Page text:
2. MOL was in to see us in February and early March regarding an incident in the HSM Roll Shop. A worker was injured and it was thought to be a critical injury. The department has made some changes and improvements so this incident does not happen again.
3. Clothing requirements in the Mines and Mining Plants changed as of July 1st, 2016. The Union H/S Committee had been informed the company of these changes prior to the changes. The company has a number of coats that meet the regulation coming in in late March. The company will be changing out the CO Production Department’s coats first and then move on to others areas as coats allow. The CO Production Department’s old coats will be reused in the rest of the plant due to the shortage that exists. On top of that, the company is also in the process of changing to a different material plant wide of clothing in the next few months. They are meeting with 3 different companies soon and will decide and move forward at that time.
4. There seems to be some confusion regarding hard hats with reflective stickers. In the Mines and Mining Plant Regulation, all hard hats require reflective stickers on 360 degree’s of the helmet. In the rest of the plant the company requires them on 3 sides and be visible at all times. This would include not covered by anything including a helmet headlamp. If your hard hat does not have these reflective stickers or they are no longer reflective you are in contravention of the regulation or company policy depending on where you are in the plant.
5. As mentioned last month, the Safety Department has issued a letter to Divisional Managers that the old USS slogan stickers ”No One Hurt On My Shift” that have been recently handed out with the Canadian flag on it can be removed from employees helmets. We are still seeing a lot of hourly workers with them still on their hard hats. Maybe the Divisional Mangers forgot to forward this info on. The Safety Department and Union H/S Committee are working together to come up with a new slogan.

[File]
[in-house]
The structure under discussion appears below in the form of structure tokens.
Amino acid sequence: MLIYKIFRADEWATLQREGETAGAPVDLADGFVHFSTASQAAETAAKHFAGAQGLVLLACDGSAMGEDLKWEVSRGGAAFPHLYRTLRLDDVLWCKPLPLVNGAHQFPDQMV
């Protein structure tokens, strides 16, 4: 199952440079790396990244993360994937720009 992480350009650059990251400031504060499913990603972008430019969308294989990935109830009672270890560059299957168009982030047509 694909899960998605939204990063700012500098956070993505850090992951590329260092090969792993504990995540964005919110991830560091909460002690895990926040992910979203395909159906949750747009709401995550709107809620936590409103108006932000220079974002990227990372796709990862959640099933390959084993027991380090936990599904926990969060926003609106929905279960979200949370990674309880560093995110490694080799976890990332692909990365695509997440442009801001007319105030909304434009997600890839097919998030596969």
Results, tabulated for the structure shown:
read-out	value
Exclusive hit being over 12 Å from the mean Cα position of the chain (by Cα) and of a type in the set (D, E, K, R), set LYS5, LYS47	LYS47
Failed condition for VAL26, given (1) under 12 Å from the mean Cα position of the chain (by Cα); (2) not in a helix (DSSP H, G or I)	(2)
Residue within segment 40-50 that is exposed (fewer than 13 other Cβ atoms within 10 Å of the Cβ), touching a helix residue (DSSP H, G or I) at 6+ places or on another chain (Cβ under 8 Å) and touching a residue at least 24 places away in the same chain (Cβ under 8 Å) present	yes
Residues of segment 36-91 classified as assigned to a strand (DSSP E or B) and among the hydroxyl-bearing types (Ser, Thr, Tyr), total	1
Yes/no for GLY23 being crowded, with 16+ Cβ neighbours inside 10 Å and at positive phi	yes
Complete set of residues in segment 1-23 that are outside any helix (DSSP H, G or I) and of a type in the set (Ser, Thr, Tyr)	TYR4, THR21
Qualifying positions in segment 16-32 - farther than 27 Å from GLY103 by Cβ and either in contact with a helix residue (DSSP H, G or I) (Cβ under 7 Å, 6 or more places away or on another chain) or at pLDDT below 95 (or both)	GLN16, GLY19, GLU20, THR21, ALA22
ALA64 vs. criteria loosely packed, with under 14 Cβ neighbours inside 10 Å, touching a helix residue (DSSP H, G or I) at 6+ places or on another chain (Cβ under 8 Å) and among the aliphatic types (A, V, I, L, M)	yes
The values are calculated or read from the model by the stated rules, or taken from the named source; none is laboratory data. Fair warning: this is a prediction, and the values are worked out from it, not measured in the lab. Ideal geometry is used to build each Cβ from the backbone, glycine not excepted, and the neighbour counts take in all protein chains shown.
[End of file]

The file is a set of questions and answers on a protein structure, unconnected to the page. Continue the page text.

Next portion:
6. Mark Lombardo from the H/S Committee has recently attended the WHSC Health and Safety Level 2. Mark felt that this was a very informative course which will help him as a H/S activist in years to come.
Rick Beale Co-Chair Health and Safety Committee USW Local 8782
International Health and Safety Conference.
If not for the courageous actions on July 10, 2014 of Dan MacDonald, Shawna Shepherd, and help from Paul McCrae, Larry Ecklund an electrician in the BOSC likely would have been a tragic fatality. The International USW recognized these works on September 15, 2016 with the I.W. Abel Award for Industrial Valor.
USW Local 8782 H/S Co-Chair
Vale, supervisors and worker charged under health and safety act
A total of 17 charges under the Occupational Health and Safety Act have been laid against Vale, two supervisors and a worker after the death of an employee last year, according to the Ministry of Labour.
Paul Rochette, 36, died of severe head trauma on April 6 while working at the Copper Cliff Smelter.
A 28-year-old man was also injured in the same incident at the site.
The men were working on industrial machines in the crushing and casting area, where hot metal is poured, cooled and then crushed.